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Hitman Is Now Coming At Two Different Price Points On March 11, 2016

by Mike Futter on Sep 29, 2015 at 04:23 AM

Following the Hitman E3 announcement, Square Enix and IO Interactive faced significant confusion about just what players would be getting for their $60 purchase. Today, the publisher and studio are clearly detailing how and when you can play, as well as what you can expect in terms of content when it arrives on March 11, 2016.

The $60 all-in option is still on the table. That gets you all of the initial gameplay material and everything that comes down the line. However, because the game is being rolled out in stages, there will be an “intro pack” for $35.

The lower priced option gives you access to everything available on day one. This includes locations, live events, and contracts. In effect, there is no difference in what a $60 player gets and what a $35 player gets until there is more released.

An upgrade pack will be available for $30 that takes the “intro” version up to the full offering. That boils down to a $5 premium for playing the “wait and see” game.

At launch, there will be three locations: Paris, France; Sapienza, Italy; and Marrakesh, Morocco. These include six campaign missions, three sandbox locations, forty “signature kills,” contracts mode offering 800 targets, and weekly live events and hits.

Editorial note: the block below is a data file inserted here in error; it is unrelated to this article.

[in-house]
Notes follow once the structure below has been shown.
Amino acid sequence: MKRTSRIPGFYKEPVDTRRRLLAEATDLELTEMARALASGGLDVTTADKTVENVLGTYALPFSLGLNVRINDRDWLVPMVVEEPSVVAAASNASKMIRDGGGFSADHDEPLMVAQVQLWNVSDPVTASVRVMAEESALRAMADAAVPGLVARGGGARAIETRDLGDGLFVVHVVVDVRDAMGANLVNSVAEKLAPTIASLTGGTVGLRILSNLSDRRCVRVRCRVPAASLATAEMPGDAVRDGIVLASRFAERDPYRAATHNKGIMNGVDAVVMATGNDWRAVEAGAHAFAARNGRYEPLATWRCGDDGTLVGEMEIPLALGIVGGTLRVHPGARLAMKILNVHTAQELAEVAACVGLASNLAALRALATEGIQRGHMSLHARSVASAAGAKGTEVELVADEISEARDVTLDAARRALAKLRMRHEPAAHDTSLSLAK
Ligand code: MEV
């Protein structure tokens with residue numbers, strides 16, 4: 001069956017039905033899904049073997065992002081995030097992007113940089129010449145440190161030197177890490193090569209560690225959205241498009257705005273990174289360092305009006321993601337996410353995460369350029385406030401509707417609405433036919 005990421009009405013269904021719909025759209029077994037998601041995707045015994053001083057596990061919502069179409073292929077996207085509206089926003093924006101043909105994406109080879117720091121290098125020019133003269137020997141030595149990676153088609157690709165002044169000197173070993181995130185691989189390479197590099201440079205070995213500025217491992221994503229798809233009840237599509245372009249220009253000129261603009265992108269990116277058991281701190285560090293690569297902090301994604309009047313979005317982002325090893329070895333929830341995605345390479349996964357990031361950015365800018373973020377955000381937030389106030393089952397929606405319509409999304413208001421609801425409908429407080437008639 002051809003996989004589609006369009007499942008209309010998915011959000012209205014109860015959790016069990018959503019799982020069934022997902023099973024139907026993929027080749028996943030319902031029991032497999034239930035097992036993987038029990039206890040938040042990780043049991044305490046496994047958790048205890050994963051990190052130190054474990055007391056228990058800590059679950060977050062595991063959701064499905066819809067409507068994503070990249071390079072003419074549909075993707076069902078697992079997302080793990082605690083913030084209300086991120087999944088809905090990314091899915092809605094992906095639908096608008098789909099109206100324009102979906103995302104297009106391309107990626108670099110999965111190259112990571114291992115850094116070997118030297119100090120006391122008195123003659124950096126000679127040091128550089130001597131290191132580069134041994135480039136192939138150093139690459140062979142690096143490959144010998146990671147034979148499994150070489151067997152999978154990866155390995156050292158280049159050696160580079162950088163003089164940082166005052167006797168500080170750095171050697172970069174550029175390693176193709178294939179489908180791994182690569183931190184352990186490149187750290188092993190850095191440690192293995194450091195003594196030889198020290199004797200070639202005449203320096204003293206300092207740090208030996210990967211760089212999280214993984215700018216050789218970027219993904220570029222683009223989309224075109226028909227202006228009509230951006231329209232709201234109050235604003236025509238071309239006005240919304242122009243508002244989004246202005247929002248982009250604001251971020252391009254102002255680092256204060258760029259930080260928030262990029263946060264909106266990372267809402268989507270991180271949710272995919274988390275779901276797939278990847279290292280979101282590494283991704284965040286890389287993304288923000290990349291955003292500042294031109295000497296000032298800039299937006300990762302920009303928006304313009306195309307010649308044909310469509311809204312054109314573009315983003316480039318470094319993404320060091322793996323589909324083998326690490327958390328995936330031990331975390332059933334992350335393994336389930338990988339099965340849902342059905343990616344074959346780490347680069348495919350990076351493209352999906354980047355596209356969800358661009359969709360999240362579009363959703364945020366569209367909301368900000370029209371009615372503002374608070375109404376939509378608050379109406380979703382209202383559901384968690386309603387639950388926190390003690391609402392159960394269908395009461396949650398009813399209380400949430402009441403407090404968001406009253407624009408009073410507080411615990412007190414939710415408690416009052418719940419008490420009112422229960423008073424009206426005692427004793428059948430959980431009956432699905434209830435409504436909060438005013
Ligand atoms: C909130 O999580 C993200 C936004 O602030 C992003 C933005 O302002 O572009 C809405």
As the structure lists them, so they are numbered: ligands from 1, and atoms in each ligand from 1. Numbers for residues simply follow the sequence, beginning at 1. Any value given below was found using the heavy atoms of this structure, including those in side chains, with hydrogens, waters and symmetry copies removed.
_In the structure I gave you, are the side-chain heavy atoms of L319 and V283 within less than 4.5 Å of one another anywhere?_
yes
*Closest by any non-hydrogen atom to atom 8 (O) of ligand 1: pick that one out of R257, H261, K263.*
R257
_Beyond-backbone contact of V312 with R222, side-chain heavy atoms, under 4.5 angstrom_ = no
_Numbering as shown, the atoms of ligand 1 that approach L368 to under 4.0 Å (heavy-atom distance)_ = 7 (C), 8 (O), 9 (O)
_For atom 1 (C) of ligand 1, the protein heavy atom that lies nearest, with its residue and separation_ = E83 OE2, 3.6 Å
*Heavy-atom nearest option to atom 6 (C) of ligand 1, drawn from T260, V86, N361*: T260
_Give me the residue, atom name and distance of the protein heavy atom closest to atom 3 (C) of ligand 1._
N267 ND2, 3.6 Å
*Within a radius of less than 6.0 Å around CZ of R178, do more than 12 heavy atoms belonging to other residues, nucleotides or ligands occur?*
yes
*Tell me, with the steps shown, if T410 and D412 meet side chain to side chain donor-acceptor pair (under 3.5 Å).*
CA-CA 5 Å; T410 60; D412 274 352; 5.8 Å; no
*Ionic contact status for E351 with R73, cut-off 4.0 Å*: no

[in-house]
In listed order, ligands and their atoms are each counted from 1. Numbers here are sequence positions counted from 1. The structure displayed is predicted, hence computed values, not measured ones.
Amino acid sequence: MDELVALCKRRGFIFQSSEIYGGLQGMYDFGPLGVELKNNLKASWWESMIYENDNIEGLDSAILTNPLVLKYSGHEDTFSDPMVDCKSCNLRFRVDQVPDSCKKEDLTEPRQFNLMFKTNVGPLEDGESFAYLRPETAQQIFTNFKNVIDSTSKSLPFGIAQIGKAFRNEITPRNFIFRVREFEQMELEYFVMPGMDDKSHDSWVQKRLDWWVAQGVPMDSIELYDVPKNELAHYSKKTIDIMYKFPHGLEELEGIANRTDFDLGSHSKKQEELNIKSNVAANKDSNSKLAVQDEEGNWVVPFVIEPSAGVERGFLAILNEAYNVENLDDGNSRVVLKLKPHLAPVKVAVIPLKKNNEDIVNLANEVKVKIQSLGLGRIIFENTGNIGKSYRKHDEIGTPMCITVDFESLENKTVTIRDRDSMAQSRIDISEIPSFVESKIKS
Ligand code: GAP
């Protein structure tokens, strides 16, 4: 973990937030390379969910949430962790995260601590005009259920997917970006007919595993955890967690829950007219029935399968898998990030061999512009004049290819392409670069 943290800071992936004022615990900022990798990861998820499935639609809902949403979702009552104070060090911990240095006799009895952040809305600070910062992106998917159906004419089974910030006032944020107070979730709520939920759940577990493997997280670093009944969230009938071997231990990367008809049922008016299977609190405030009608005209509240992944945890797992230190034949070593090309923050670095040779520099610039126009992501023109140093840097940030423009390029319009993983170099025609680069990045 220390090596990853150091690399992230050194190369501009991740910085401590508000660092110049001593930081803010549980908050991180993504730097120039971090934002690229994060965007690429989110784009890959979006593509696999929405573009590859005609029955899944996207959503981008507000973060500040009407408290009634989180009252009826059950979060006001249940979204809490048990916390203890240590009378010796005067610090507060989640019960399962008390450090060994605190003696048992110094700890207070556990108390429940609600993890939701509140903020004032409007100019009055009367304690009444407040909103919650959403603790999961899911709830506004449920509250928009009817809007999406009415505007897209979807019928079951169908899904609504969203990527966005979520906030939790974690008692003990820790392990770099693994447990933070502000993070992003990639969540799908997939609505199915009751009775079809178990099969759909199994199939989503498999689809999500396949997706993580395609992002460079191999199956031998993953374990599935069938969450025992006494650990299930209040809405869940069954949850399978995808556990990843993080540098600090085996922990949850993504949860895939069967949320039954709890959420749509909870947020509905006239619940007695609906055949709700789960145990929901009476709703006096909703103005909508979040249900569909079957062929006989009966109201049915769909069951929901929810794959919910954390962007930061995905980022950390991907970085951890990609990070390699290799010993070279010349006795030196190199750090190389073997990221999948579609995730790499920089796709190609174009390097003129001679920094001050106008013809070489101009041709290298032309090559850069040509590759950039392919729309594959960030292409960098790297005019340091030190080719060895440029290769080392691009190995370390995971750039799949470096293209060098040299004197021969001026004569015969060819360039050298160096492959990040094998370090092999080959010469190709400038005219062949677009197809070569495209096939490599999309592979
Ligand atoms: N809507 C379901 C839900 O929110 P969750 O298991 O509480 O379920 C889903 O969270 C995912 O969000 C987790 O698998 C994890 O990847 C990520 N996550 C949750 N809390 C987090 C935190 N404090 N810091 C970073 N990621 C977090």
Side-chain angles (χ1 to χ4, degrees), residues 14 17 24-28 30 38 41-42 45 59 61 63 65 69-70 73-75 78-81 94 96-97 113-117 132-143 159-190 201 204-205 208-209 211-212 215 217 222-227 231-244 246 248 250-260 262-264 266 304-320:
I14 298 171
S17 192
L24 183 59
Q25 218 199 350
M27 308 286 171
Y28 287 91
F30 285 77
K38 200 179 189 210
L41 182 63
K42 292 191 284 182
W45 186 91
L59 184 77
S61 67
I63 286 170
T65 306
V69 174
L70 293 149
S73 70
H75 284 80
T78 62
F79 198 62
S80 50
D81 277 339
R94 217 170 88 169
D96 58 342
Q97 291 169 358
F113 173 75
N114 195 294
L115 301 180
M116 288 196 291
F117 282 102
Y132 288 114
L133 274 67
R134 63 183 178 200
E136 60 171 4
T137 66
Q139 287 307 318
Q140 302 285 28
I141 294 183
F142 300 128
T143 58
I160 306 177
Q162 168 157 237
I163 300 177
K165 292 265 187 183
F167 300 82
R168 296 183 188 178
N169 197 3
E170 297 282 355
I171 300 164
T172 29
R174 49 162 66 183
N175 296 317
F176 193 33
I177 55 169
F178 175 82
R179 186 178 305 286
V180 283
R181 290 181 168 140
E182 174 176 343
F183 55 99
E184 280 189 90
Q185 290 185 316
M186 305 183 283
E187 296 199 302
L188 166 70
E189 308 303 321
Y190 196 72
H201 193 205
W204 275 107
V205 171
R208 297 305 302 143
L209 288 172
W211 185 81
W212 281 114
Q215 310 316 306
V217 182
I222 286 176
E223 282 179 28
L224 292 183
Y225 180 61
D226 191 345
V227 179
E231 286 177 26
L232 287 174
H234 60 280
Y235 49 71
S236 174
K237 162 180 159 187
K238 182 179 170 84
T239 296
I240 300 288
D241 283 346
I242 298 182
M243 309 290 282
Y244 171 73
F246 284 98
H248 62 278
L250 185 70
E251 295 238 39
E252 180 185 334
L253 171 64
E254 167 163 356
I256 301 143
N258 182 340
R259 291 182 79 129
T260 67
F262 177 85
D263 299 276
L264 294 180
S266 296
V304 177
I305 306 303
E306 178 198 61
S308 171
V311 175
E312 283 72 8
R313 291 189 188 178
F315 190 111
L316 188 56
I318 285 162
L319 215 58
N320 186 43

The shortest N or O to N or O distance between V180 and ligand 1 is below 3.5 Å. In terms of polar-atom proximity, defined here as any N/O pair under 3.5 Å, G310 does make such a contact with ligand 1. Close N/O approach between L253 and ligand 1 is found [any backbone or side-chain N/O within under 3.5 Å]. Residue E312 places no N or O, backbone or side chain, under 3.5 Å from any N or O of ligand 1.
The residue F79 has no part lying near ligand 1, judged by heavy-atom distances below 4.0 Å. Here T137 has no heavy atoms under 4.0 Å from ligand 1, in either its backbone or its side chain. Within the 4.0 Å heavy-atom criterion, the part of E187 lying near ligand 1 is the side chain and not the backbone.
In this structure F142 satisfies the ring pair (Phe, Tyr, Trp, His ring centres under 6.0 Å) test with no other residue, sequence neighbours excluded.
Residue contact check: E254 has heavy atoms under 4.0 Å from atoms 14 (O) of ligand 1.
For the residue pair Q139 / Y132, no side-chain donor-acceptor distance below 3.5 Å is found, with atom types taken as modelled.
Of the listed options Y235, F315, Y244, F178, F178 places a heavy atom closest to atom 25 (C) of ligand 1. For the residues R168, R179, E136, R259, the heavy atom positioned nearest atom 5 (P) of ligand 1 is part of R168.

Thailand, the United States, and Japan will be rolled out monthly from April through June. These will each include new missions, a new sandbox location, more signature kills, new contracts, and additional weekly events.

Those that pre-order the full-priced version will get guaranteed access to the PlayStation 4 and PC beta. For more on Hitman, check out our recent coverage and look at the gameplay.

[Source: IO Interactive]


Our Take
This essentially makes Hitman a $35 game with a $30 season pass, which might be far more appealing to people who aren’t sure about the release model. I understand why Square Enix wanted to front load player buy in (money now is worth more than money later), but this is going to make much more sense to players that are familiar with the season pass model.

It’s still an adaptation of how people are used to purchasing games, combining the episodic model with the season pass strategy. This way, people are more likely to give the game a try without worrying about not getting a full game for full price.